USA WBB Team: Nneka Ogwumike disqualified from the Olympic team

Last week, USA Basketball revealed its 12-player Team USA roster for the 2021 Olympics. The team is led by Sue Bird and Diana Torassi, who will compete in a historic fifth Olympics. The other four athletes to repeat on the list are Sylvia Fowles, Tina Charles, Britney Greiner, and Britney Stewart. The top six timers are Chelsea Gray, Skylar Diggins-Smith, Joel Lloyd, Aja Wilson, Ariel Atkins and Nafisa Collier.

However, rather than celebrating the women who will represent the United States in Tokyo, the conversation focused on who would not attend, specifically Nika Ogomek. He recalls the situation in 2016, when Candice Parker, his former teammate Ogwumike, gold medalist in 2008 and 2012, was not named to Team USA.

Like Parker in 2016, Ogwumike’s collars’ appeal suggests her choice shouldn’t be called into question. She has a proven track record with USA Basketball, starting when she was a member of the USA Under-18 team that won gold at the 2008 NBA Championships. In 2014 and 2018, Ogwumike won the gold medal at the World Cup as a member of the USA team. She was also one of eight key players to commit to the 2019 NBA coaching program. Of course, her WNBA career is impressive as well, most notably the MVP and championship in 2016. Ogwumike is also the president of the WNBPA.

In a social media post, Shini Shini Ogwomiki expressed her disappointment and injustice felt by Nika and her supporters.

The opaque selection process has inspired both of them panic And the conspiratorial thinking. The selection panel is made up of national team manager Carol Callan, former Team USA head coach and longtime UConn head coach Geno Auriemma, former Olympian and current Minnesota Lynx assistant coach Katie Smith, Connecticut Sun head coach Curt Miller, and WNBA Chief Operating Officer Bethany Donavin. When asked about the team selection process, Miller objected, indicating that Callan should address any questions. According to NBA policy, the national team manager does not comment on the details of the selection process.

Since no satisfactory explanation will be given for Ogwumike’s exclusion, the best we can do is try to understand how Ogwumike ended up outside of Team USA. More than concerns about Ogwumike’s knee injury seem to have bothered her. Team USA’s ambivalent spirit, along with questions about the relationship between 3×3 and 5×5 teams, also contributed to the Ogwumike controversy.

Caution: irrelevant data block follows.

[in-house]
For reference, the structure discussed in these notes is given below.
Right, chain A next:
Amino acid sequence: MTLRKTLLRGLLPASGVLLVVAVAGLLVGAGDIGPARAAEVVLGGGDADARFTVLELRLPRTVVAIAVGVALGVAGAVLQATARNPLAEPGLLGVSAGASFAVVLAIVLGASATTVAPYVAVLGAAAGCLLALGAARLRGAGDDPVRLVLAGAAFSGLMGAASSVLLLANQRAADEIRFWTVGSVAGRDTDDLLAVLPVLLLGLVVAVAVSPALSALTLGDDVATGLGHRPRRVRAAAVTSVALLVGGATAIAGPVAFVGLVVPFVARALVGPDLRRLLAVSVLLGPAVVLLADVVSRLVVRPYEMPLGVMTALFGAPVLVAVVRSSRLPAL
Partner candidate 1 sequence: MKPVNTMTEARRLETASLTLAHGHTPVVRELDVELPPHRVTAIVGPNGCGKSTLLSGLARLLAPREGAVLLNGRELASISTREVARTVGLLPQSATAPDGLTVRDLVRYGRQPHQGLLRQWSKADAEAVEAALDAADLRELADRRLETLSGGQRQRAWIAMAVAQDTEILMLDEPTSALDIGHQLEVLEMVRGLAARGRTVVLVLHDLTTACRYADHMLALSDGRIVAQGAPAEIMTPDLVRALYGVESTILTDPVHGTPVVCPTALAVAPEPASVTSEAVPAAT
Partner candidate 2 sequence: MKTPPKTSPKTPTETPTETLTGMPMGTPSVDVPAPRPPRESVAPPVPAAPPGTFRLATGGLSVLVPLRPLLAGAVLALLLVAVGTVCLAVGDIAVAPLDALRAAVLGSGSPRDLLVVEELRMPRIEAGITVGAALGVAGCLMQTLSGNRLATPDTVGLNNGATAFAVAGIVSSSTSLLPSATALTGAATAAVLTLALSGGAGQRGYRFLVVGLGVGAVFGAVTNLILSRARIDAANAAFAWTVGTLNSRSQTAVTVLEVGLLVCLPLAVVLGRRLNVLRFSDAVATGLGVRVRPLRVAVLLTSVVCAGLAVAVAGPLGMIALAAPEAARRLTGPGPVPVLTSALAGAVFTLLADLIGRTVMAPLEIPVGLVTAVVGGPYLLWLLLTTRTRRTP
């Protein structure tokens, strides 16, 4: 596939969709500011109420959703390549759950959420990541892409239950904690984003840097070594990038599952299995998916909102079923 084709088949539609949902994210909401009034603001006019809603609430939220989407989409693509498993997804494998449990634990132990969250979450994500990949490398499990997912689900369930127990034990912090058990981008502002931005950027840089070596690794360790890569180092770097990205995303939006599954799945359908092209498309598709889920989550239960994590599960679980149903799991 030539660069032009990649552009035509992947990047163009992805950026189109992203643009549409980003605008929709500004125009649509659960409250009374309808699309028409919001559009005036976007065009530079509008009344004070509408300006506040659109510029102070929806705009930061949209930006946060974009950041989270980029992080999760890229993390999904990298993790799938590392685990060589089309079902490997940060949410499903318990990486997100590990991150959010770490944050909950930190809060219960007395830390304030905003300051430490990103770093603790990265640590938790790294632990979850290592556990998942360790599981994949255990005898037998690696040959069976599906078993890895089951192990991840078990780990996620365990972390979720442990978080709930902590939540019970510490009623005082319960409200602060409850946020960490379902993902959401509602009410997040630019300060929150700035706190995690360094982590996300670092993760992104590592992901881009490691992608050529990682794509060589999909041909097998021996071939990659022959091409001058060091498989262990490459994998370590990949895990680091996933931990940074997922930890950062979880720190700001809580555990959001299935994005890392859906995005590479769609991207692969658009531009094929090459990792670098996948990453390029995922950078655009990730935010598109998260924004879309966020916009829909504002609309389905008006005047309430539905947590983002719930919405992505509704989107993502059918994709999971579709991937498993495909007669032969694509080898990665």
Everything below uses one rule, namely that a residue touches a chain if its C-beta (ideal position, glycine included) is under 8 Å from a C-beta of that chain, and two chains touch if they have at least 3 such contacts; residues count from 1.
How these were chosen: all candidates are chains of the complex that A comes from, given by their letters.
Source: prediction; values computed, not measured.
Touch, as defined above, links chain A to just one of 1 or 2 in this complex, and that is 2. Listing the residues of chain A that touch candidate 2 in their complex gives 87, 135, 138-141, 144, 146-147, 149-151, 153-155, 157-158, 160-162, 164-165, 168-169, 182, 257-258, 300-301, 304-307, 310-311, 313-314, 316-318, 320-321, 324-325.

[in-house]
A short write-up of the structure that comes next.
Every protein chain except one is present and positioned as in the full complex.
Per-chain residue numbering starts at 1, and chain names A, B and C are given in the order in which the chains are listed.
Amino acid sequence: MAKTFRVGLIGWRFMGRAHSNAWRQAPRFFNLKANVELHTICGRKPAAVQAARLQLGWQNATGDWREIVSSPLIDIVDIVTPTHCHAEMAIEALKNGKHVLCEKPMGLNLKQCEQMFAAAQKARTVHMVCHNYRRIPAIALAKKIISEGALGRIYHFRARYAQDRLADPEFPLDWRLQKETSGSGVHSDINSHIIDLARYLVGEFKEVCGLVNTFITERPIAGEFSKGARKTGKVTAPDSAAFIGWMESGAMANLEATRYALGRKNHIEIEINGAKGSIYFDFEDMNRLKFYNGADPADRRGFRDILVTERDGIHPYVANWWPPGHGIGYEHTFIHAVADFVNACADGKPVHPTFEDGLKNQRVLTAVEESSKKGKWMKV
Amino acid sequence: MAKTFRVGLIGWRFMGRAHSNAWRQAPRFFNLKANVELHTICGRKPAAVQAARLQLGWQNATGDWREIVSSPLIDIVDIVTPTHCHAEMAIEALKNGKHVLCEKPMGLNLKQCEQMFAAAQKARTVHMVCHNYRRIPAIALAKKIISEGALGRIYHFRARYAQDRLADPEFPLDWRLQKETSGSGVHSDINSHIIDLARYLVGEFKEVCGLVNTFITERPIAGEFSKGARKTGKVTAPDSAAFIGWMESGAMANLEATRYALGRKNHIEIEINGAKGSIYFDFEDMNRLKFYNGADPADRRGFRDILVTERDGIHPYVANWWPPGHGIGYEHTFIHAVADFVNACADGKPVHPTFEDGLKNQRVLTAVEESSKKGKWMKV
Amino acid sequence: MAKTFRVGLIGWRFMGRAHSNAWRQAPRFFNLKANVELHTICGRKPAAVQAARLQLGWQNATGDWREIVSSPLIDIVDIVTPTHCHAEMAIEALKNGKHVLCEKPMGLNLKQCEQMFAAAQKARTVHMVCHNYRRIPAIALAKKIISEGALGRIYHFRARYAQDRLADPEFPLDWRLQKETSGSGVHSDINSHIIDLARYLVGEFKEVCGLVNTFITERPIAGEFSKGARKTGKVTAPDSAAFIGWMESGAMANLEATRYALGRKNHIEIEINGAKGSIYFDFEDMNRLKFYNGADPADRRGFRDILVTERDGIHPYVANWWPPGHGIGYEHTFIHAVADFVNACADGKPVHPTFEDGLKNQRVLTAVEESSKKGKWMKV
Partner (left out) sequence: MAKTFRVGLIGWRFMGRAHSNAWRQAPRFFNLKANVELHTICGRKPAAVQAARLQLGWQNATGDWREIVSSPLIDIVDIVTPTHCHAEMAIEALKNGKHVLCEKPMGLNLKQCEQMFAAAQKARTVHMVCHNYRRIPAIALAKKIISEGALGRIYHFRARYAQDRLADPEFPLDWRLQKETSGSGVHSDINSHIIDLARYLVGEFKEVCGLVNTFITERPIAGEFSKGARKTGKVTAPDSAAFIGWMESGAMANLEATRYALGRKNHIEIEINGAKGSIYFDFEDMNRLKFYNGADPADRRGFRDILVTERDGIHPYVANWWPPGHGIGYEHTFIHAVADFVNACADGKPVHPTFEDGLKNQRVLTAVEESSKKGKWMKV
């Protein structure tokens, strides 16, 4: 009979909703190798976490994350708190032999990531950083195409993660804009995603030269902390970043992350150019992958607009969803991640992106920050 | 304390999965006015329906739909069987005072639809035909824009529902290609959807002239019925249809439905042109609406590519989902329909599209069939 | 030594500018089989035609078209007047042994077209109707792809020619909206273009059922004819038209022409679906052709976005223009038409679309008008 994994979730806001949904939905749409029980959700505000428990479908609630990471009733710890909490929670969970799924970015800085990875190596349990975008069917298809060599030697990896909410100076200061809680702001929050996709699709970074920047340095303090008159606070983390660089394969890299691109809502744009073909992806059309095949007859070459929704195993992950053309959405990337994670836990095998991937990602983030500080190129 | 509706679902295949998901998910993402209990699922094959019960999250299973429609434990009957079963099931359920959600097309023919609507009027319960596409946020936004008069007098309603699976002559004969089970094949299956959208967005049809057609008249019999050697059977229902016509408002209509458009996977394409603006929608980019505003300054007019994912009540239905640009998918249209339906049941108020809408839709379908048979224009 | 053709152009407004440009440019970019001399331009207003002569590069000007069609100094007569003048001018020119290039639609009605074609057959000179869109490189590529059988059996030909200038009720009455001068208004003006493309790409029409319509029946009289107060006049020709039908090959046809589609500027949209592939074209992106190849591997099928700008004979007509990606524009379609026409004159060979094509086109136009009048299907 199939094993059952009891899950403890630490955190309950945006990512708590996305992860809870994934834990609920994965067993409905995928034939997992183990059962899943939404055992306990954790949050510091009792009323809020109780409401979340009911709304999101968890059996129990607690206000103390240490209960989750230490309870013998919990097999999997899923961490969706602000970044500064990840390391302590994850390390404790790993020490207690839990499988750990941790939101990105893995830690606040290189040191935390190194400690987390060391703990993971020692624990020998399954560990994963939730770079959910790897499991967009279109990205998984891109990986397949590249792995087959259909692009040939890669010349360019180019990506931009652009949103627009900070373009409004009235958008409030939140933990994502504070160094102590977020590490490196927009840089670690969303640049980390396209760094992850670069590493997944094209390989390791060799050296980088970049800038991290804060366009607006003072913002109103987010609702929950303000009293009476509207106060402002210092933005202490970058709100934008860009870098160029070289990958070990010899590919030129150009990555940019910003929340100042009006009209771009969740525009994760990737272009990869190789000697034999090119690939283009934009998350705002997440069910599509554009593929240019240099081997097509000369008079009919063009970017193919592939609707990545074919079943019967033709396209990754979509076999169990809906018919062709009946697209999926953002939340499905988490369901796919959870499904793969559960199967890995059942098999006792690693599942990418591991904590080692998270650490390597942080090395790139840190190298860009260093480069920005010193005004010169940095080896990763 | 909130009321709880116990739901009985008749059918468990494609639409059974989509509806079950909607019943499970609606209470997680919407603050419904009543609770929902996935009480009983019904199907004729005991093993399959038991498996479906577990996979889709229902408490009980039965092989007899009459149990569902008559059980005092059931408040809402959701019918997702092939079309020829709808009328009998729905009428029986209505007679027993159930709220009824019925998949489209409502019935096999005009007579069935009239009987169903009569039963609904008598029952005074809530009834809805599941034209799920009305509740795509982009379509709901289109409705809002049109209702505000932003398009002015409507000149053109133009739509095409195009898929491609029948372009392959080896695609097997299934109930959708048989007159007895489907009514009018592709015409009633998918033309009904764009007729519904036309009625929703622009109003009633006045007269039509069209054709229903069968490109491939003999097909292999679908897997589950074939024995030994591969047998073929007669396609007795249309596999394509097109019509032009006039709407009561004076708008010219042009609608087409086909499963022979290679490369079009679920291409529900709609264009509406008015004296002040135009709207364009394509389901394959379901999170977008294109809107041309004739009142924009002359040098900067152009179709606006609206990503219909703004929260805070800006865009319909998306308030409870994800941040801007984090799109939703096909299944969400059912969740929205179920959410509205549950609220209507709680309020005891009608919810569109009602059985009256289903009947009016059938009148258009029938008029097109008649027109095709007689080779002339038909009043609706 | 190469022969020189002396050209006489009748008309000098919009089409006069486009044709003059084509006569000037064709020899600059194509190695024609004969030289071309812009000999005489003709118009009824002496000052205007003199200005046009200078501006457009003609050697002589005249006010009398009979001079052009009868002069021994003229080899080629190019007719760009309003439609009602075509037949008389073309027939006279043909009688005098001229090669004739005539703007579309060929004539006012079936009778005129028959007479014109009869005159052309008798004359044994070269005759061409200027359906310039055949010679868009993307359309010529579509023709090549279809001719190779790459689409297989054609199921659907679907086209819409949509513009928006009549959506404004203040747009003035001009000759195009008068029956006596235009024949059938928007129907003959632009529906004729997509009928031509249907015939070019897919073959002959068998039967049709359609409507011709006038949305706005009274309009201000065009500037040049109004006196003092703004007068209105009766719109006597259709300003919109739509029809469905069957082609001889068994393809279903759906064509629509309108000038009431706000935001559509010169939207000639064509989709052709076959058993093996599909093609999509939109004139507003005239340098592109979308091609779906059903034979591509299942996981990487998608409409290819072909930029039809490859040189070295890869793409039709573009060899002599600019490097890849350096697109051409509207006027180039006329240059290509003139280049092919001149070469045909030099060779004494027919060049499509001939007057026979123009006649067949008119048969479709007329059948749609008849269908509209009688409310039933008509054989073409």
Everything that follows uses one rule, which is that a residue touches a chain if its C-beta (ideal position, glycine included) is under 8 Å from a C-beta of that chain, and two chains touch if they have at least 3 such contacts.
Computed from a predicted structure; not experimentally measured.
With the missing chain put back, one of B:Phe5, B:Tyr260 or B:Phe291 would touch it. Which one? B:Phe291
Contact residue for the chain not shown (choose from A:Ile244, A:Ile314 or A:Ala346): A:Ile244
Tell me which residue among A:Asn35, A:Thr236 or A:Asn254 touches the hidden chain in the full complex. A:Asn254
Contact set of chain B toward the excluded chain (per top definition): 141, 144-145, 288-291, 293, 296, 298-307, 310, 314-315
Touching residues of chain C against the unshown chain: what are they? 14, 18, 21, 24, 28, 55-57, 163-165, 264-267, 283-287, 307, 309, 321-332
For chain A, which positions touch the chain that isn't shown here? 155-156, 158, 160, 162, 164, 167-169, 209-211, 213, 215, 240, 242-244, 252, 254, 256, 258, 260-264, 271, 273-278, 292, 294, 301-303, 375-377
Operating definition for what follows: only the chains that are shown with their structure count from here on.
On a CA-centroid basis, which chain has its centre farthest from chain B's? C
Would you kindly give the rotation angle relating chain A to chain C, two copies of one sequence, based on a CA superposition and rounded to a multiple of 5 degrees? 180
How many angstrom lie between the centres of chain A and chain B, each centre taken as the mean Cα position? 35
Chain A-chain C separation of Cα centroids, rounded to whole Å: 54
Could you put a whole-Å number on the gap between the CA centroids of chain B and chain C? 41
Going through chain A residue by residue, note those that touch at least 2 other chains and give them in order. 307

Regarding her injury, Ogwumike deserved the benefit of the doubt

Head coach Don Staley, who had no say in the team selection, noted that Ogwomic’s knee injury greatly affected her leaving Team USA. In the availability of the media, I participated:

It really breaks my heart that Nika is not in this team. I mean, if we had to make a decision a month from now… I’m sure she’d be healthy.

However, stress too much That the expected timetable for recovery from Ogwumike will allow her to participate without issue. As Los Angeles Sparks coach Derek Fisher Put it in a press conference:

You can try to get rid of the infection if you wish; I’m calling BS on that too. The schedule does not add that it is not available to play during the Olympics. We respect other players, and are happy with those who made it. But you can in no way tell me that you put together a team and left Nneka away from it, and try to say that it makes sense and adds more, because it is not.

It should also be noted that Ogwumike wasn’t the only prospective Olympian with injury concerns.

As she returned to court last weekend, Diana Torres’ condition was called into question when the team was named last week. Sunday play, her first game since May 21, allayed any doubts. However, not only did Torassi suffer a broken sternum earlier this season, but the injuries have stalled in her last two seasons in the NBA. Team USA’s two older female statesmen – Sue Bird and Sylvia Fowles – also struggled with injury-stained 2020 seasons. Although both were fit and in great form in 2021, their ages, like that of Torassi, make the possibility of injury a real concern.

In short, if there was such doubt about Ogwumike’s ability to be ready to play, even when his recovery timeline indicated otherwise, shouldn’t the prospect of older players with a recent injury history be a reason to hold back?

Given the date that Taurasi and Bird are preparing to make in Tokyo, it seems impossible to imagine their exclusion. However, this is part of the problem. It can be assumed that the Taurasi and the birds will be given Every benefit of doubt Regarding their preparation for the Olympics; Ogwumike not. And while she’s not a four-time Olympian, her experience with USA Basketball and in the WNBA, as described above, suggests she deserves similar treatment.